Helen Thomas, the longtime White House correspondent made famous for her no-holds-barred questioning of presidents, announced her resignation Monday following controversial remarks she made about Israel.
In a statement from Hearst newspapers, where she works as a columnist, she said she is “retiring, effective immediately.”
Thomas started at the White House as a reporter during the Kennedy administration but became more outspoken in recent years, when she shifted to column writing.
The reaction of most reporters, friends and former White House officials was that while the end to Thomas's career is sad, it is hardly surprising.
"It really is sadness. She should have retired years ago," one longtime friend said. "But I don’t think anyone is surprised at the anti-Israeli remarks. She has never made any secret of her animus toward Israel. I just hate to see her remembered for this instead of the pioneering work she did."
Former White House press secretary Dana Perino said: "It's a sad but appropriate end."
Others said they hope Thomas, who turns 90 in August, is remembered for the barriers she broke.
Cheryl Arvidson, a longtime friend and a former colleague of Thomas's at UPI, told The Hill in an e-mail that she hopes the end of Thomas's career does not taint a long and important legacy.
"Helen Thomas has been a strong advocate for women's rights and a trailblazer for women all of her life," Arvidson, now a spokeswoman for the Recovery Accountability and Transparency Board, said. "She broke down every barrier imaginable in Washington journalism and won every 'first' that existed. And more importantly, she always was there to lend a helping hand to the women who followed her. My sincere hope is that this current controversy does not detract in any way from the amazing accomplishments in her long and rich career."
Thomas’s resignation comes after outrage spread throughout the blogosphere in reaction to a video posted to RabbiLive.com. In it, Thomas said that Jews in Israel should "get the hell out of Palestine" and "go back home to Poland, Germany, America and everywhere else."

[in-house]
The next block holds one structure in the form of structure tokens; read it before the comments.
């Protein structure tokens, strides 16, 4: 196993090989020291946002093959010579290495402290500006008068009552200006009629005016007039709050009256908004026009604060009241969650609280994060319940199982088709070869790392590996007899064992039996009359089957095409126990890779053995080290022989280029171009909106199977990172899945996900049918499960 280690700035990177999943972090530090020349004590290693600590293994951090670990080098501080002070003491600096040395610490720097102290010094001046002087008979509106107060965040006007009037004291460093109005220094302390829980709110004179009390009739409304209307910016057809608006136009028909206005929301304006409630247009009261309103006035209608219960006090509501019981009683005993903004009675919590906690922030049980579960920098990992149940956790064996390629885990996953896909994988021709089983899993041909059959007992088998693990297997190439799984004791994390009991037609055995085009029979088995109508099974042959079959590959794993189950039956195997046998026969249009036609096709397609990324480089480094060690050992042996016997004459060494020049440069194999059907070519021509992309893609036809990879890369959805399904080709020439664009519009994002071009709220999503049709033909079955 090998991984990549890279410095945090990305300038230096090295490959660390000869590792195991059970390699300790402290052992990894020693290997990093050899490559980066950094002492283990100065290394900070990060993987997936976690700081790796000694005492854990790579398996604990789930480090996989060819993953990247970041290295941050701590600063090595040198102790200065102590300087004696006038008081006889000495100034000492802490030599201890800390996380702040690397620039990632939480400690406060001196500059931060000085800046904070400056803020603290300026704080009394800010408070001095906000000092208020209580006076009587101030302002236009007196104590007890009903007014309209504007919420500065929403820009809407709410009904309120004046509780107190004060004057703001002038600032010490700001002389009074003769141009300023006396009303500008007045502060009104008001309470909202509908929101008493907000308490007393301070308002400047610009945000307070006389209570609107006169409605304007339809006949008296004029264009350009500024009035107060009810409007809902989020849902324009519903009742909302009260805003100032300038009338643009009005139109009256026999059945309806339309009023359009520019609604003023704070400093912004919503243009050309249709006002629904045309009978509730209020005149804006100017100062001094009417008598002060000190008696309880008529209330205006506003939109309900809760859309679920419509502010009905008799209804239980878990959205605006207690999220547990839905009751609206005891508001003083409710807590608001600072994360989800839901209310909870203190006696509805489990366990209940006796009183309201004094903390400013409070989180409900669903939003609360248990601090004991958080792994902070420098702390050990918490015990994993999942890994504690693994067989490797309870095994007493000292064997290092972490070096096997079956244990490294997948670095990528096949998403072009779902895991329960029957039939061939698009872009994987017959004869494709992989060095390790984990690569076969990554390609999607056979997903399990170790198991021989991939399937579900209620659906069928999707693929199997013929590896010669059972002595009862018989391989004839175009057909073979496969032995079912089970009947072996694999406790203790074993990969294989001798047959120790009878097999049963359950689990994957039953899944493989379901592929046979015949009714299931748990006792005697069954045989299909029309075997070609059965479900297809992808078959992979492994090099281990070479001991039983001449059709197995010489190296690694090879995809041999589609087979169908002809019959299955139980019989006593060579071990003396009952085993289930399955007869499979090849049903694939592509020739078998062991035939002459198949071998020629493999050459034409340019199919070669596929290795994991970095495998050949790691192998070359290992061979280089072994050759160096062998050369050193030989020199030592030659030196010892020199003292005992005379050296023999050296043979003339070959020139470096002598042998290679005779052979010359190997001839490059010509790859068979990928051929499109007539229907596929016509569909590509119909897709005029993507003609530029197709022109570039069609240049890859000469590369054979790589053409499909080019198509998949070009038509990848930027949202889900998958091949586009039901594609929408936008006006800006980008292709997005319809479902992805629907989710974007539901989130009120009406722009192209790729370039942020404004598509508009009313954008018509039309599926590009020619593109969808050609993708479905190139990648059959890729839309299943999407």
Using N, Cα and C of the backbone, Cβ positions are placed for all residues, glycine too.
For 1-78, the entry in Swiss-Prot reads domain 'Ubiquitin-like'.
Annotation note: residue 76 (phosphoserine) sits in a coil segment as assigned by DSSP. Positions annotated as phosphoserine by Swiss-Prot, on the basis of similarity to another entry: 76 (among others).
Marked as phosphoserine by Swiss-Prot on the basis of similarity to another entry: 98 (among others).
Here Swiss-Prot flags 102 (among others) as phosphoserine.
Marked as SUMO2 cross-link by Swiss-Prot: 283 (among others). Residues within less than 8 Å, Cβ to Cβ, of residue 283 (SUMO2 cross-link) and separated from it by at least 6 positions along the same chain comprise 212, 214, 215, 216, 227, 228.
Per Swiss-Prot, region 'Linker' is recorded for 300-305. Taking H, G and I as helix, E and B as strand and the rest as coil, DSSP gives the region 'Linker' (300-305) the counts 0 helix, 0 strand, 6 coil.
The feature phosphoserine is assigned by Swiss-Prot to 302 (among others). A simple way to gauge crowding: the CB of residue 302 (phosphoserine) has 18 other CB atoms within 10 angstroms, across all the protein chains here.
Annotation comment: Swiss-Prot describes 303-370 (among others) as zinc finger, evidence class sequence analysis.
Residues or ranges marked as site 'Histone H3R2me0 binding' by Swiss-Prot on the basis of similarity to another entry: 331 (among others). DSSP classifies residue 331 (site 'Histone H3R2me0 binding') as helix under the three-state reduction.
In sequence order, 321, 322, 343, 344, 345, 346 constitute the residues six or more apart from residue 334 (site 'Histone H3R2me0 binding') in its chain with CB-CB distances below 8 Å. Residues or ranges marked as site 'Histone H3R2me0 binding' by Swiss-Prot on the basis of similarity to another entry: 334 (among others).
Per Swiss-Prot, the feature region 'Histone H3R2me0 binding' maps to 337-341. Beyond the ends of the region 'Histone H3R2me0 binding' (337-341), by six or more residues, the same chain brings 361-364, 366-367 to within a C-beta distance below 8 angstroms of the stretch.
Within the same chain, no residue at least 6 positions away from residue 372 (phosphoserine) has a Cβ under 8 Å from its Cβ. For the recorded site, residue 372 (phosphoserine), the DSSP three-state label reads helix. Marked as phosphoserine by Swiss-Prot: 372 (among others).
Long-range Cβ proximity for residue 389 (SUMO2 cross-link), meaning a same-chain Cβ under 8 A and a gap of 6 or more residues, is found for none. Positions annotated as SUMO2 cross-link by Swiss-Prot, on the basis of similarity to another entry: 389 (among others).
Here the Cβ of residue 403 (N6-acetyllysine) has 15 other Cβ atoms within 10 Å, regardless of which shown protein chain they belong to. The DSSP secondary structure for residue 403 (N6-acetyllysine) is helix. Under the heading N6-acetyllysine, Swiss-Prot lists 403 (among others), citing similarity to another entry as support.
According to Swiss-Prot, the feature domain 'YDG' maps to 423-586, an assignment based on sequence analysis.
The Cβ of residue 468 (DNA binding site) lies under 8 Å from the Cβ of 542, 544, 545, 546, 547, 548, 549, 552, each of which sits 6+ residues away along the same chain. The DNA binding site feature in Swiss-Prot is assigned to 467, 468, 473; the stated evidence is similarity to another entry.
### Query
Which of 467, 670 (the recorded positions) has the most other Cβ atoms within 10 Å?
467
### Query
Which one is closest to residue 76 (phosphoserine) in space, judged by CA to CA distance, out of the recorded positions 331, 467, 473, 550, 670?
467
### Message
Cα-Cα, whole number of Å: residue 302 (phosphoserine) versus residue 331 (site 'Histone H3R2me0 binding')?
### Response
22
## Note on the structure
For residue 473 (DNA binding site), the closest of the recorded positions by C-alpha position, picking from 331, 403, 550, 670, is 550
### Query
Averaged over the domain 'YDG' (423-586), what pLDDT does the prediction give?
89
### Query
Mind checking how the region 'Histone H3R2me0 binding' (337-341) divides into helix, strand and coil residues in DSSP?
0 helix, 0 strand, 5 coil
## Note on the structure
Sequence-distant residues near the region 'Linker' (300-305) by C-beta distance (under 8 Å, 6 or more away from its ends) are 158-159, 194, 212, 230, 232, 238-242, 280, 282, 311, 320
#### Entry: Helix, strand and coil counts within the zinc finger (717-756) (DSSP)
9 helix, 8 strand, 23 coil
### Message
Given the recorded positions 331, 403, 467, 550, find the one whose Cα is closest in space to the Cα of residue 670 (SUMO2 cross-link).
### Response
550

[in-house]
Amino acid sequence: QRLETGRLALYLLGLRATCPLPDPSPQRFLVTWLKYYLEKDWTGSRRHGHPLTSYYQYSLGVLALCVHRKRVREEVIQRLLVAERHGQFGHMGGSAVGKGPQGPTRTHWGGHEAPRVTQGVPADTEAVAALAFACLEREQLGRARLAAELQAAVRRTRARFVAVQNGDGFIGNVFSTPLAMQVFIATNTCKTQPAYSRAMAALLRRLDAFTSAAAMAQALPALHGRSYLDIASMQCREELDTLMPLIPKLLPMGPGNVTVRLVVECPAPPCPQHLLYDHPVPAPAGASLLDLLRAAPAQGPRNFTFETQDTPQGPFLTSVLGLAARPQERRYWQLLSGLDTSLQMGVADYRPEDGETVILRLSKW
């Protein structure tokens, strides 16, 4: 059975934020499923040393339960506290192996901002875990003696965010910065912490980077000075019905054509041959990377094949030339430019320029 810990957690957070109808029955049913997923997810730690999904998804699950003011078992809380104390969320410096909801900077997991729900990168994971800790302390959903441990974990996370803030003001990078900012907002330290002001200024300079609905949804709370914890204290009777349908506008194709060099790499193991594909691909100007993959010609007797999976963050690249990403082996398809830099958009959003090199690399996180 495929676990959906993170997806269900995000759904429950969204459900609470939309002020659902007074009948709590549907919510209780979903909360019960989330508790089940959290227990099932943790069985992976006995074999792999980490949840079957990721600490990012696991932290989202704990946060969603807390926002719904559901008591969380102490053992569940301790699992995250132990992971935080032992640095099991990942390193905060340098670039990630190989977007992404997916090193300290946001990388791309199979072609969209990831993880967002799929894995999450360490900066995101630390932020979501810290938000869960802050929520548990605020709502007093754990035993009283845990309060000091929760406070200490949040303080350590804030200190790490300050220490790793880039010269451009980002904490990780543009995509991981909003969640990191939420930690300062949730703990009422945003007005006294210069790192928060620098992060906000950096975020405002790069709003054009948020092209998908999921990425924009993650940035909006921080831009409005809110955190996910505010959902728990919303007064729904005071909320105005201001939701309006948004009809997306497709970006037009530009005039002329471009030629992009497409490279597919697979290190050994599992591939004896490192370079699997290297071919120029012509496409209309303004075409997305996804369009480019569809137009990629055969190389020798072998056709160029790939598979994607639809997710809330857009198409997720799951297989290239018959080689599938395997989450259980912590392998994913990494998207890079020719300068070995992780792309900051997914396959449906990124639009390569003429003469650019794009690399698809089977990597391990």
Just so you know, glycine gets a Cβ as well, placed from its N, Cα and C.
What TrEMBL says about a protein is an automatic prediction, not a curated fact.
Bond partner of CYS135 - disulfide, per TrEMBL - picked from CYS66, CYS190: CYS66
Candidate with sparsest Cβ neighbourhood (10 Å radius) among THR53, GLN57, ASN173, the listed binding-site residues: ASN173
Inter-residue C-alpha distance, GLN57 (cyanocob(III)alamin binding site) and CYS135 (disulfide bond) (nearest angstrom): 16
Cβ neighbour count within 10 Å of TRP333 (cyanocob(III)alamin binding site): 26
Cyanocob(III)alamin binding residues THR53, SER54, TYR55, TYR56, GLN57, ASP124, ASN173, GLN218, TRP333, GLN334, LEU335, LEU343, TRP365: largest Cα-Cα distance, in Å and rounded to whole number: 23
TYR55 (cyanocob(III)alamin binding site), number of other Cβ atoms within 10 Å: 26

The comments were made during a White House event on May 27 celebrating Jewish heritage. And they came during a time of international outrage at Israel for its attack on a Turkish ship that left nine dead. Israel has rejected calls for an investigation of the incident.
The video of her remarks led to calls for her resignation and for the revoking of her White House press pass.
She later apologized, saying: "I deeply regret my comments I made last week regarding the Israelis and the Palestinians. They do not reflect my heartfelt belief that peace will come to the Middle East only when all parties recognize the need for mutual respect and tolerance. May that day come soon.”
White House Correspondents' Association (WHCA) President Ed Chen criticized her in a statement Monday, sent out before the news of her resignation.
"Helen Thomas's comments were indefensible and the White House Correspondents’ Association board firmly dissociates itself from them. Many in our profession who have known Helen for years were saddened by the comments, which were especially unfortunate in light of her role as a trailblazer on the White House beat," he said.
The WHCA has been criticized for allowing Thomas a prized front-row seat in the White House press room even though she was no longer a reporter but working as a columnist. The association said it would address the matter in a meeting Thursday.
"We want to emphasize that the role of the WHCA is to represent the White House press corps in its dealings with the White House on coverage-related issues. We do not police the speech of our members or colleagues. We are not involved at all in issuing White House credentials; that is the purview of the White House itself. But the incident does revive the issue of whether it is appropriate for an opinion columnist to have a front-row seat in the WH briefing room. That is an issue under the jurisdiction of this board. We are actively seeking input from our association members on this important matter, and we have scheduled a special meeting of the WHCA board on Thursday to decide on the seating issue," Chen said.
It’s not the first time Thomas has provoked outrage.
In August 2005 she told The Hill she would kill herself if Dick Cheney ran for president. "The day I say Dick Cheney is going to run for president, I'll kill myself. All we need is one more liar," she said at the time.
White House spokesman Robert Gibbs said Monday during his daily press briefing that Thomas "should and has apologized." Thomas was not at the briefing.
Photographers spent Monday taking shots of Thomas's front-row seat, emblazoned with her name. The rest of the nameplates in the White House press room have the names of news organizations on them.
Thomas has covered the White House for decades, and served as the first female president of the WHCA. She has been called the dean of the White House press corps.
Thomas joined the White House beat in 1960 when she covered President John F. Kennedy for UPI. She began the tradition of ending presidential press conferences with "Thank you, Mr. President."
Thomas resigned from UPI in 2000, after its purchase by News World Communications Inc., a company run by controversial Unification Church leader the Rev. Sun Myung Moon.
She then joined Hearst as a columnist.
— This story was originally posted at 12:12 p.m. and updated at 12:27 p.m., 12:47 p.m., 1:54 p.m., 2:25 p.m., 3:50 p.m. and 7:44 p.m.